Goal Zero solar charger review

This guest post is by Warmongerel and entry in our non-fiction writing contest.

Stock Image.

I’ll admit it: I’m a “computer junkie”. I have a Kindle Fire, a regular Kindle, two laptops and my phone. I also have 4 regular “tower” computers. And that doesn’t include what my daughter has. All of that in a house with two people. Yeah, I’m a junkie. My girlfriend calls me a biker-geek. Love that.

I keep a lot of my Prep documents on the Kindles and the laptops, so they’re not (just) toys. Three-ring binders are nice, but I really doubt they’re going to travel well if I have to bug out. A couple of 1 pound (or less), novel-sized Kindles, on the other hand, barely take up any space or weight.

So one of my biggest fears in a SHTF situation is not having any of that available.

Enter the Goal Zero 19010 Guide 10 Plus Small Adventure Kit. It will will help to click the link – this thing is kind of hard to describe.

This package consists of two main parts: The Nomad 7 solar panel, and the Guide 10 Plus battery pack. The solar panel is actually two interconnected panels that fold together when not in use to save space. They are

very light (probably less than a pound) and very thin (maybe an inch or so when folded together). Although they’re not very flexible, they do seem pretty rugged. If it were to drop a few feet, I wouldn’t be worried about it breaking. Probably don’t want to run it over with the truck, though.

There are two outputs on the solar panel interface device which is attached to the solar panel. One is for a 12 volt “cigarette lighter” type cord, one is a USB output used to charge your Kindle, I-pad, cell phone, laptop, MP3 player – virtually anything that can be charged from a USB port can be charged using this thing. The last output is to connect the solar panel to the Guide 10 Plus battery pack. Cords are included, but the USB/universal cord is the old type with the larger plug. You’ll have to buy one for the new, smaller universal jacks, but they’re cheap.

There is a mesh, zippered bag on the outside of the unit that can carry the cords and other small items.

The second half of the package, the Guide 10 Plus battery pack, is just a very fancy battery charger. It has 2 inputs for charging the batteries: one for plugging in to the Nomad 7, and one for charging via USB port (such as from your laptop).

The Guide 10 plus charges 4 AA batteries (included) and also comes with an adapter to charge 4 AAA batteries (not included). It works with any AA or AAA rechargeable batteries. The Guide 10 Plus also has a USB output to charge devices like the ones mentioned above.

Devices can be charged in three ways: Either directly from the USB or 12 volt outputs on the Nomad 7 solar panel, or the Guide 10 Plus can be plugged into the Nomad 7 and then used as an interface to charge devices through it’s USB output. The second method is recommended for charging tablet computers and I-phones, as they need a steady voltage to charge, and the batteries provide that steady voltage even when they’re charging.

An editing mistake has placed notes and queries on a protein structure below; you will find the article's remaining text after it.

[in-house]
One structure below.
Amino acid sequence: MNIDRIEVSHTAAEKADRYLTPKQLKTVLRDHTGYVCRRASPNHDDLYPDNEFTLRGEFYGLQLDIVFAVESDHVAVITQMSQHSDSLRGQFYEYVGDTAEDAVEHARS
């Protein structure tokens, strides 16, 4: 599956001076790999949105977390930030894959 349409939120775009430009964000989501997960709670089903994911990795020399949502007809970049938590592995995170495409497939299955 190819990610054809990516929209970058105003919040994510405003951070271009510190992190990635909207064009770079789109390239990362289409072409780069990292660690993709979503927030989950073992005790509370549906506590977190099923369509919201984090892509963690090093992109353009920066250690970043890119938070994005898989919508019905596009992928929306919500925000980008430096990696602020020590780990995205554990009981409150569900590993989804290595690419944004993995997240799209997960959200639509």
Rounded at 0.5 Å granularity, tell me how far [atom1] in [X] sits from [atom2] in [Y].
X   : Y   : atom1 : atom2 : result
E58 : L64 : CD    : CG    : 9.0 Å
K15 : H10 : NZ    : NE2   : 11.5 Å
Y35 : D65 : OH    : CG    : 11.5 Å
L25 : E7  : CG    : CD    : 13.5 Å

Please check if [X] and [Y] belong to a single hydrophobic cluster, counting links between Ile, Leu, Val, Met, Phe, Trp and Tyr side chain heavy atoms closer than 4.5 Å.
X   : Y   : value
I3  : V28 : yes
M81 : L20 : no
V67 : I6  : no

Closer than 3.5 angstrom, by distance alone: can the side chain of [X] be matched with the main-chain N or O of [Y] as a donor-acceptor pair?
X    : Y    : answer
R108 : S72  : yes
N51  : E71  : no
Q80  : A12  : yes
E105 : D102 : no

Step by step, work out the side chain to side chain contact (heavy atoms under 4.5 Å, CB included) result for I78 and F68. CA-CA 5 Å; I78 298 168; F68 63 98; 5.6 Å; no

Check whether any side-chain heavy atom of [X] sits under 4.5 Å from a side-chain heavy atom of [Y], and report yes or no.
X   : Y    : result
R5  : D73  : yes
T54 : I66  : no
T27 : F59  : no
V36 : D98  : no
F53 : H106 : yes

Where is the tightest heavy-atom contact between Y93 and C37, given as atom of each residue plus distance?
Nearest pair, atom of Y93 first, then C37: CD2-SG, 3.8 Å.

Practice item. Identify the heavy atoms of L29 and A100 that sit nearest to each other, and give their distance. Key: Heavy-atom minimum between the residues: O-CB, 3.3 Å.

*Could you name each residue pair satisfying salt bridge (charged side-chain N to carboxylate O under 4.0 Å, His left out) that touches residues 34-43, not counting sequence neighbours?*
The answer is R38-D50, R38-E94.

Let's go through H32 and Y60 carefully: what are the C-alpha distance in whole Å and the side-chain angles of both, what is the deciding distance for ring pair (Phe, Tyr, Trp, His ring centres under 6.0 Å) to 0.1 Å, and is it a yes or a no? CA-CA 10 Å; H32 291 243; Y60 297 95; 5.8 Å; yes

Devices can also be charged directly from the battery pack if there is no sun. A handy feature at night. Charging times are said to be 3 – 4 hours for most devices and for the batteries, but that is in direct sunlight.

I threw it on my dashboard while I was at work on a mostly cloudy day, and it charged 4 AAA batteries (drained) in about 6 hours. About the same with 4 AA batteries. Not bad considering the sun is very low in the sky up here at this time of year. In bright sunlight and turning it to face the sun every now and then, I can easily believe the 3 hour claim.

To charge my phone and my Kindle, I ran it through the battery pack and both charged in about 2 hours, although they weren’t completely drained when I started. Still impressive. It takes almost that long using 110 volt household voltage!

Unfortunately, I haven’t been able to get my daughter’s I-phone or I-Pad away from her long enough to try those out. If I ever do, I’ll update in the comments section. Don’t hold your breath.

The physical dimensions are: 6.5″ x 9.5″ x 1.8″ and weighs in at about 1.7 pounds. Small, thin and lightweight. Just what a prepper needs.

So far, I am extremely happy with it. I wouldn’t hesitate to recommend this thing to anyone. If there is a grid- down situation, I’d have a phone, my prep files, books to read, games to play, music and also alarms, calculator, etc. on my Kindles. Add to that a 12-volt source to charge my LED trouble lights and a way to charge AA and AAA batteries for flashlights, radios, etc. All with no fuel, no noise and a tiny footprint.

All of that would make this thing worth it’s weight in gold. (Note: they keep improving, updating this thing, so some of the reviews and pictures on the Amazon link are outdated. I think they’ve got it all worked out now, though 😉

This contest will end on December 16 2012 – prizes include:

Well what are you waiting for – email your entries today. But please read the rules first… Yes

About M.D. Creekmore

M.D. Creekmore is the owner and editor of TheSurvivalistBlog.net. He is the author of four prepper related books and is regarded as one of the nations top survival and emergency preparedness experts. Read more about him here.


  1. SurvivorDan says:

    Got the same before my last big trek in the White Mountains. Works great. Love it. Can’t say anything bad about it. Hung it on my pack while moving. Even had cooking/reading lighting at night with their led light stick. Nice article buddy.

  2. Thinking-g-g-g-g-g

    I like this on first perusal prolly w/LED light also. Thanks for your contribution.

  3. The Grey Wolf says:

    You can protect yourself and preserve your electronics from a devistating EMP outbreak by adding a solar charger and an older kindle containing your lot of survival books inside a sealed ammo can. Throw a headlamp in there and the rechargeable batteries and you’ll be covered even more! The hardest thing would be storing it in the ammo case the whole time and not using it, unless you got another one. That’s when prepping discipline might need tapping into…